by Sidra Dekoven Ezrahi. Berkeley: University of California Press, 2000. 370 pp. $45.00.
Sidra Ezrahi's book on the permutations of the themes of exile and return in modern Jewish imaginative writing is an impressive work of scholarship. Laced with passages of astute literary and cultural criticism, the author's narrative -- itself a journey through a thousand years of touchstone texts exploring fictive wanderings, pilgrimages, deportations, and migrations to and from the Holy Land -- raises questions about the durability of metaphors of utopian desire once the conditions of unfulfilled longing on which they are based no longer exist. Her main thesis is that ever since the establishment of the Jewish state in 1948, the potential for Jews of the Diaspora to make a literal, territorial return to Israel has infected the symbolic resonance of the trope of an endlessly deferred redemptive repatriation, vitiating part of its force and poetic function. The result, in Ezrahi's view, is that contemporary writings that address these themes must inventively deconstruct the old mythologies and offer new twists and turns on the experience of inner and outer exile in a post-exilic, post-holocaust era. The challenge they face is to negotiate the pull toward a literalism that threatens to destroy the rich lode of allegorical meanings associated with the old idea of a final return to the sacred homeland, while developing an idiom that speaks to the living reality of actual arrival.
Ezrahi sets the stage by establishing the character of the genre in the centuries straddling the turn of the first millennium C.E. Epic tales and travelogs about the dislocated Jewish experience, including medieval pilgrimages to the Holy Land and quests for the Lost Tribes of the Jews, are described and analyzed as the book focuses on key works by Eldad Ha-Dani, Yehuda Halevi, and Benjamin Tudela. These poignant narratives of remembrance and frustrated reunion with the holy city preserve the utopian spirit and the redemptive drive that lent eschatological meaning to the nomadic status of the wandering Jew.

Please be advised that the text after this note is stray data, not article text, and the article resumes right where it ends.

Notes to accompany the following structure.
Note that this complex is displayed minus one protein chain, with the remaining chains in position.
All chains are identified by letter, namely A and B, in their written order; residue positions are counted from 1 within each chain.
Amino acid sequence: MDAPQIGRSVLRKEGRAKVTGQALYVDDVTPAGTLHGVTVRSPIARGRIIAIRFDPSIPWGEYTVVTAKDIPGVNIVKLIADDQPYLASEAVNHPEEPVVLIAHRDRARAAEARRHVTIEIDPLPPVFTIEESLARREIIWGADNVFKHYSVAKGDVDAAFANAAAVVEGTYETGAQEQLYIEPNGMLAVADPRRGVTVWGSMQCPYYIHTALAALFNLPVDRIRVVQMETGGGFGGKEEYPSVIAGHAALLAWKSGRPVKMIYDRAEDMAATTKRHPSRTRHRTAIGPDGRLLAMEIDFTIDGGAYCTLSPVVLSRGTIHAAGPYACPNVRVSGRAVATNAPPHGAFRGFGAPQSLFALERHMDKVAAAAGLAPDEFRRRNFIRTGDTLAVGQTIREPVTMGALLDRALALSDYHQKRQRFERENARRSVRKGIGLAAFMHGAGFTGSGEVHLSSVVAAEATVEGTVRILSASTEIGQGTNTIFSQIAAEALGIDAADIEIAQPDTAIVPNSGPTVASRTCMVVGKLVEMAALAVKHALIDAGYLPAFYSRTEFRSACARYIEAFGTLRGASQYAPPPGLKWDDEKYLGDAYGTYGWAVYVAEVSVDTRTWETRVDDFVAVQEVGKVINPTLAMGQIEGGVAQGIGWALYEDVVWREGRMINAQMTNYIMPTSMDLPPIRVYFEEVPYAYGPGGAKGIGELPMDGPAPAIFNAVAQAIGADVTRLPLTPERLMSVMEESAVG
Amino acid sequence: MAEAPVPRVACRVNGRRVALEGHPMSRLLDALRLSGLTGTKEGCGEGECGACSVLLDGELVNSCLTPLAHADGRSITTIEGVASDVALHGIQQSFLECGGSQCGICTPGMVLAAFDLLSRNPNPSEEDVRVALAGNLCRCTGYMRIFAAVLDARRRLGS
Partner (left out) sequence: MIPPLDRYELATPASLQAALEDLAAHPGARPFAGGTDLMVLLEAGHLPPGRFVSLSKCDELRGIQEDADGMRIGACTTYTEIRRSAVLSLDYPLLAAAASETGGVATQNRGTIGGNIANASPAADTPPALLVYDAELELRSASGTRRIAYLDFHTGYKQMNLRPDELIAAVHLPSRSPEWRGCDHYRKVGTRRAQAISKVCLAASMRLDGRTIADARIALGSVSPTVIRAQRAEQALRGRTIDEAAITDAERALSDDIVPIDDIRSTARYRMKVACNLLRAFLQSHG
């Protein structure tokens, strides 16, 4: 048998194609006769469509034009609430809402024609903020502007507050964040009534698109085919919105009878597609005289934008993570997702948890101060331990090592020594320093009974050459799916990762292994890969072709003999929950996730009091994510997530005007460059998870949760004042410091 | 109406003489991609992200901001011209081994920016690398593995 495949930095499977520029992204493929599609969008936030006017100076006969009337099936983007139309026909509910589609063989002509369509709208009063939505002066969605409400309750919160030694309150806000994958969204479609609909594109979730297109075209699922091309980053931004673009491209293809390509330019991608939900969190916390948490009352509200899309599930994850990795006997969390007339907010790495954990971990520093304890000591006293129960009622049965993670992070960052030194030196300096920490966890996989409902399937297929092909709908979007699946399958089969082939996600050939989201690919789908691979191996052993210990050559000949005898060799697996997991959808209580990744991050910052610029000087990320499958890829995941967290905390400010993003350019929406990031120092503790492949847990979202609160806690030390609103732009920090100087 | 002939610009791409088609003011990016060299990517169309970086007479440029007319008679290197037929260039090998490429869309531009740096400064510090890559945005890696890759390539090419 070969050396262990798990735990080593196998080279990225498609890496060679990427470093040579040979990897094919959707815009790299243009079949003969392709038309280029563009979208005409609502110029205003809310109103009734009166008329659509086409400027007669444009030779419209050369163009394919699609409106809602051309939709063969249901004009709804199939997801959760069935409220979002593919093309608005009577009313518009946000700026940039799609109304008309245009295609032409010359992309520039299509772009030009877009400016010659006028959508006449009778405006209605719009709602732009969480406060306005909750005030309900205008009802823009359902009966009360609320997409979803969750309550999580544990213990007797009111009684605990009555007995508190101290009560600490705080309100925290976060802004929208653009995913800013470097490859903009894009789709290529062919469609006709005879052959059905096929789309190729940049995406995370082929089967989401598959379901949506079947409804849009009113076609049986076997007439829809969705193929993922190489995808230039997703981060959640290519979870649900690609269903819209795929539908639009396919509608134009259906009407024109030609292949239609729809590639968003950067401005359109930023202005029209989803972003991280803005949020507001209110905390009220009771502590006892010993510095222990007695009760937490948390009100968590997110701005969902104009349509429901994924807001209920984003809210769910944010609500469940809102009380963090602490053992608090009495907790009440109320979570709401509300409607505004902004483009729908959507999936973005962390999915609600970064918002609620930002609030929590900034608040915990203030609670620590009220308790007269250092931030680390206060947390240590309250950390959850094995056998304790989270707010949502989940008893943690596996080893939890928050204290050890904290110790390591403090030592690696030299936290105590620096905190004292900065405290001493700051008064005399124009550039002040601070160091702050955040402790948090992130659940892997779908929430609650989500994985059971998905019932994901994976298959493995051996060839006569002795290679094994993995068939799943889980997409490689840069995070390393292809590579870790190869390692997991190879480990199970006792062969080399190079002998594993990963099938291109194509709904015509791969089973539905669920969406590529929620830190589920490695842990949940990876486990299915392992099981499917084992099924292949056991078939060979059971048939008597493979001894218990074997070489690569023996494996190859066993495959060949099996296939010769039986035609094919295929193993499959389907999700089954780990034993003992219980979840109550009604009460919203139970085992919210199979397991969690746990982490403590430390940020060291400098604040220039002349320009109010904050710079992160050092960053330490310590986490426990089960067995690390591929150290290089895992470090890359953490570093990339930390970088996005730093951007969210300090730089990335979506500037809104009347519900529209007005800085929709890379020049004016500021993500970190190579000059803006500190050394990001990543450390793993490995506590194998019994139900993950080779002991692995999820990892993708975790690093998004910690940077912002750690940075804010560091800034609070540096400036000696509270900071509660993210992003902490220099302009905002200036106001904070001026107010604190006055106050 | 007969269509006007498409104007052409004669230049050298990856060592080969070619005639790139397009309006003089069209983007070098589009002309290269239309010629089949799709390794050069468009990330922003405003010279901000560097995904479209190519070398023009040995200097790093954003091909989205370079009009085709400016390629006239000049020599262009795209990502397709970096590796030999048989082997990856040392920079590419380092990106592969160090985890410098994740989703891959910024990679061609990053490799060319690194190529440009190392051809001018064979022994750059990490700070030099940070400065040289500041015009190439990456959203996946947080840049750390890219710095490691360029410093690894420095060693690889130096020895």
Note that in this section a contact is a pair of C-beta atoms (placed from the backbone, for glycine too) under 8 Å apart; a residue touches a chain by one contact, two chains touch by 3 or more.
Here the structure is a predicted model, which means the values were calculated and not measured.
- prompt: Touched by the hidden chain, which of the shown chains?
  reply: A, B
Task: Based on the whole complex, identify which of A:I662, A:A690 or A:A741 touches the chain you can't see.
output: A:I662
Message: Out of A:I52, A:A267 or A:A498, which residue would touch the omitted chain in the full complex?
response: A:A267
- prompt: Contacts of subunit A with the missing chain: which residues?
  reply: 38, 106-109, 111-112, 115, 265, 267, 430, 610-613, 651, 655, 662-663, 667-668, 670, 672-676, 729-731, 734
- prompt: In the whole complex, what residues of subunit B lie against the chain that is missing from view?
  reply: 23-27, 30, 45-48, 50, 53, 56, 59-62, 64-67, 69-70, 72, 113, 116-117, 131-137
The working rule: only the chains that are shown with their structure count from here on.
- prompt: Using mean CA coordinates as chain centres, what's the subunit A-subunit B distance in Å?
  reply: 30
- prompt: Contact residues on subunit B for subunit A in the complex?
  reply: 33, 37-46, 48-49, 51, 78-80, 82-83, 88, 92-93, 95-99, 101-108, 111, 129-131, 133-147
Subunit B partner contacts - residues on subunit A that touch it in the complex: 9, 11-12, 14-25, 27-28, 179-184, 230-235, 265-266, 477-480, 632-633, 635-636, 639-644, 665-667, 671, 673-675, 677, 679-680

Jumping next to Jewish authors flourishing around the second millennium (late nineteenth and early twentieth-century writers such as S. Y. Abramovitch, S. Y. Agnon, Sholem Aleichem, and Isaac Bashevis Singer), Ezrahi shows how in the modern age the genre of narrative journeys took on the cast of mock epics that offered slanted readings and sophisticated interrogations of the pilgrimage motif. This section of the book contains some of the most striking textual analyses, giving new vitality and an elevated importance to stories familiar to many readers from childhood. One is stirred to revisit these narratives from the perspective of the shtetl culture that reassessed the troubled theme of exiled longing, providing new, complex literary forms to express the changing hopes and fears of enacting, or even in a sense of becoming to themselves, an actual homecoming. …